We are seated at a table with
three generations of Miuras--Aunty Yukiko Yamane, her daughter Diane Horita, and her granddaughter Christy Horita. Aunty Yuki fumb
les around in her purse, searching for her "ear" while Christy and Aunty Diane chat quietly. Born and raised on Kauai, all three are prepared to share stories from their childhood with us. Aunty Yuki begins...
"I think Kauai is special because this is where I was born," she states matter-of-factly. Gazing out the window, Aunty Yuki travels further back into the past, to her home next to the family's Miura store in Kapaa town. "Across from Miura store, there w as a monument, and that was my playground equipment when I was a kid. The base was kind of an octagon shape, and that was our chair. And there was a chain around the monument and we used to swing on that. And the park had plenty of weeds so we used to make houses out of them, you know? So we had the bedroom, the kitchen, and the parlor," she continued, her hands gliding through the air and illustrating the divisions of the house.
"And then when I was going to school, grandpa would give me a nickel everyday when I came home. Miura Store had a lot of candies and things, but I always went down the street to Higashi Store, Minami Store, and the Chinese store to buy Chinese seeds." She recalls, smiling. "I went to Iwai's bakery too. Mr. Iwai used to bake early in the morning and then close the shop. And then, down the road, here comes me and he would have to open the bakery for me. I think I always used to order some kind of pastry with custard. Later, grandpa gave me 10 cents every day. So then I could go to the Saturday matinees at the Theater. When Uncle Sonny was born though, I had to put him to sleep before I went to the matinee."
"One thing I remember about my childhood on Kauai," Aunty Diane begins, "was playing around the goose pen we had in our backyard. It was about the size of our living room and kind of far off the ground. There was a platform on each corner and a narrow s trip connecting the platforms. So we would balance on the platforms and eat Java plums, the kind that stained your shirt. And everyone else was always at the store so they didn't know what we were doing" she says, glancing at Aunty Yuki.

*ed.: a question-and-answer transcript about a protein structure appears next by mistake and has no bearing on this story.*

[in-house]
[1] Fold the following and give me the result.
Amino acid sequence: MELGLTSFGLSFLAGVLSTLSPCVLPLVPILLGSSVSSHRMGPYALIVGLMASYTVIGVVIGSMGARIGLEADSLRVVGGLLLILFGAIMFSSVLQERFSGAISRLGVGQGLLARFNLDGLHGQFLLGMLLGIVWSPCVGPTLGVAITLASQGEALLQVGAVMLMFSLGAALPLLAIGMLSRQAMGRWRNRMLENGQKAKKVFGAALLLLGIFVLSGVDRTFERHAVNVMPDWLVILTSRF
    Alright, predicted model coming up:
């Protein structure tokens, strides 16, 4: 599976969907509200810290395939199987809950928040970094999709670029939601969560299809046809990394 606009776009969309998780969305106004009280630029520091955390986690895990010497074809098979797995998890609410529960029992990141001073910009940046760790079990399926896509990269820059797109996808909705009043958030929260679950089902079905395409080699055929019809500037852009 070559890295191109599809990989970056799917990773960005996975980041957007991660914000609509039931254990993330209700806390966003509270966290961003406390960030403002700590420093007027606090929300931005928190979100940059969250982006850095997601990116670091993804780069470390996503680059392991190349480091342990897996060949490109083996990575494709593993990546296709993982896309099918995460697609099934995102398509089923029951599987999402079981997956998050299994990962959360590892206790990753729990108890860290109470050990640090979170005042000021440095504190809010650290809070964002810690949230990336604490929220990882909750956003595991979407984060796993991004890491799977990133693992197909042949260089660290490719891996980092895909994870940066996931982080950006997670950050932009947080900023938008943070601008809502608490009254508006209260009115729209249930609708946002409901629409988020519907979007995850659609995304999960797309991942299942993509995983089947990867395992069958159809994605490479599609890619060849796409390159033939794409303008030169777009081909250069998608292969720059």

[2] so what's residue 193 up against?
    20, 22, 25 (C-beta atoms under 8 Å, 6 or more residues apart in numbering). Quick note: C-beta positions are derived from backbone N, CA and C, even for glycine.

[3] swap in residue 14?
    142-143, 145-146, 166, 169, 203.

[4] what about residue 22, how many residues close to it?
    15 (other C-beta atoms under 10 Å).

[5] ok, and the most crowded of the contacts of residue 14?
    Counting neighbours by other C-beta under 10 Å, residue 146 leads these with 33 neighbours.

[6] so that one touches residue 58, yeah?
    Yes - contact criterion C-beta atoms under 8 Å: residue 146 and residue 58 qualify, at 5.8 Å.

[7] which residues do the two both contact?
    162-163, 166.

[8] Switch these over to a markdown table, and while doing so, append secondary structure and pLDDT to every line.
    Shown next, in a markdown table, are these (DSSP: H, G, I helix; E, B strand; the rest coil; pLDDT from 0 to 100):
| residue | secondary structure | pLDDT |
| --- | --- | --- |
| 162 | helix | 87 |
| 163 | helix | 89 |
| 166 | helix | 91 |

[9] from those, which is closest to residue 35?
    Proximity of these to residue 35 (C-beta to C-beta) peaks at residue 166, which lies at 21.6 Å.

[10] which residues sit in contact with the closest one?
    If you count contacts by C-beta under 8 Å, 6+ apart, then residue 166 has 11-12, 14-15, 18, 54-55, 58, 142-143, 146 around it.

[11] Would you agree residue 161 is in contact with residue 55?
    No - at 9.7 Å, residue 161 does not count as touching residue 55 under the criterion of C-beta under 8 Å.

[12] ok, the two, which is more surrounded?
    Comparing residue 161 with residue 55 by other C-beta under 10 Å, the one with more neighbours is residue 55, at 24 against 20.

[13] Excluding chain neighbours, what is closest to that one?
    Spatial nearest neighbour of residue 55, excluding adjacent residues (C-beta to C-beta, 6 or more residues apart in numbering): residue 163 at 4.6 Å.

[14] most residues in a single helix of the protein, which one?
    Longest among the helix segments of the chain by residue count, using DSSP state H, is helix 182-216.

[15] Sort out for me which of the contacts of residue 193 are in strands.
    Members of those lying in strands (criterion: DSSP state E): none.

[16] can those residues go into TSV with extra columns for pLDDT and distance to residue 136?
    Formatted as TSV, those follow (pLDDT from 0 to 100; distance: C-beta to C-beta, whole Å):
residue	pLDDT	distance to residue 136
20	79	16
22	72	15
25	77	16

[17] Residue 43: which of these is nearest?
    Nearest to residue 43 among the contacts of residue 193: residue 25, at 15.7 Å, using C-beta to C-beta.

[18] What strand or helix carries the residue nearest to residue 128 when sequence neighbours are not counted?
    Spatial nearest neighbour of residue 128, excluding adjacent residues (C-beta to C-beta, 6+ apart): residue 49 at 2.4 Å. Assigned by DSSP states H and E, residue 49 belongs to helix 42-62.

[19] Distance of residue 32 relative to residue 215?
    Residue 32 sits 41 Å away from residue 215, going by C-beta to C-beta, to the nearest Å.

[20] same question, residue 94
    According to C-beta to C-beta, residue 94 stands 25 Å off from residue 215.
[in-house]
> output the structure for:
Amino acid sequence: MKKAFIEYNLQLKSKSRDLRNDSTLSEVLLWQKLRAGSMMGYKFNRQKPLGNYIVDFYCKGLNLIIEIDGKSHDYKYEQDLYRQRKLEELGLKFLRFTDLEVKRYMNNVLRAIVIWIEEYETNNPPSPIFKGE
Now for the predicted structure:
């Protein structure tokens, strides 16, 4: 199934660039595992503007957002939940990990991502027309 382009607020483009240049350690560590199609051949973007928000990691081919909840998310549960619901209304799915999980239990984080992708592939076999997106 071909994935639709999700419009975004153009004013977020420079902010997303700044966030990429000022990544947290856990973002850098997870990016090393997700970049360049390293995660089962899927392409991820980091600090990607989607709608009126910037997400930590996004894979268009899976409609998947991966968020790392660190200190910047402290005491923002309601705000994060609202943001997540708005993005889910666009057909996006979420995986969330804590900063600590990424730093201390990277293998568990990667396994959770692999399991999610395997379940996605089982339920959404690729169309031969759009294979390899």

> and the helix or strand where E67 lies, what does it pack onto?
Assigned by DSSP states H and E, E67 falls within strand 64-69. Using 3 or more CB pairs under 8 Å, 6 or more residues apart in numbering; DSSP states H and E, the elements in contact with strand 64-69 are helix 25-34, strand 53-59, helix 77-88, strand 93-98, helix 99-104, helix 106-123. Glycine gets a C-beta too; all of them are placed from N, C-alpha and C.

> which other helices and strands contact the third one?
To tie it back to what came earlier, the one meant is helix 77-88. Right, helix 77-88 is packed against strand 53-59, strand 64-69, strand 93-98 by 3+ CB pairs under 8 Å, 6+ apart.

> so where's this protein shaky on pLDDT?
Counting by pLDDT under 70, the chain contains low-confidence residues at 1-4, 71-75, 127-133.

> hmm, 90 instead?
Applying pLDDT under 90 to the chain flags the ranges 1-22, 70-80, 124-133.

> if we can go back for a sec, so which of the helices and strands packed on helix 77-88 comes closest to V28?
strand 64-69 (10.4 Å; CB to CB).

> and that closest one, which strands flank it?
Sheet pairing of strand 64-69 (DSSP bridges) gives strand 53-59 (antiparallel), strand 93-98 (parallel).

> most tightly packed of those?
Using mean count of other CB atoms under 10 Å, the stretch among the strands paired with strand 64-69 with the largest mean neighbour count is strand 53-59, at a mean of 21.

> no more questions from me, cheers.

"I also rem ember Aunty Machan, who kind of held the family together. She invited the entire family over to her beach house almost every Sunday, usually after church. All the kids would swim and play capture the flag. At night, we would have a bonfire and roast ma rshmallows. And Uncle Dean would always tell us scary stories, so we were afraid to walk back to the house alone.
"Right across Aunty Machan's beach house there was a hilly slope. my cousins and I enjoyed exploring through the trees and shrubs. To our surprise, we came across a pineapple field lying hidden from the view of the road. Pineapples sat on each plant, row upon row. We descended the hill, thrilled to have feasted our eyes on such a discovery, but not touching one fruit from that field."
Like her mother and grandmother, Christy Horita was born and raised on Kauai. "Since my dad grew up in Lawai, we spent a lot of time at my grandma's house there. What I remember most was that we didn't need toys of our own. Now, I was a real tomboy whe n I was a kid, so keep that in mind, okay?" she warns us. "We used to go down to the reservoir and use the branches of the Hau tree to make whips and guava branches to make bows and arrows. We would also play around in the bushes and go fishing f or fish, crayfish, and prawns. It was real country living. And the people are more friendly, laid back, and accepting."
Christy, unlike many others, has returned to Kauai after attending college on the mainland. "I've been to Japan three times; I'v e been to Canada and the mainland; but I always knew I would come back to Kauai. My roots are deeply planted here on Kauai and they always will be."
You can see Christy's poem in the Community Gallery.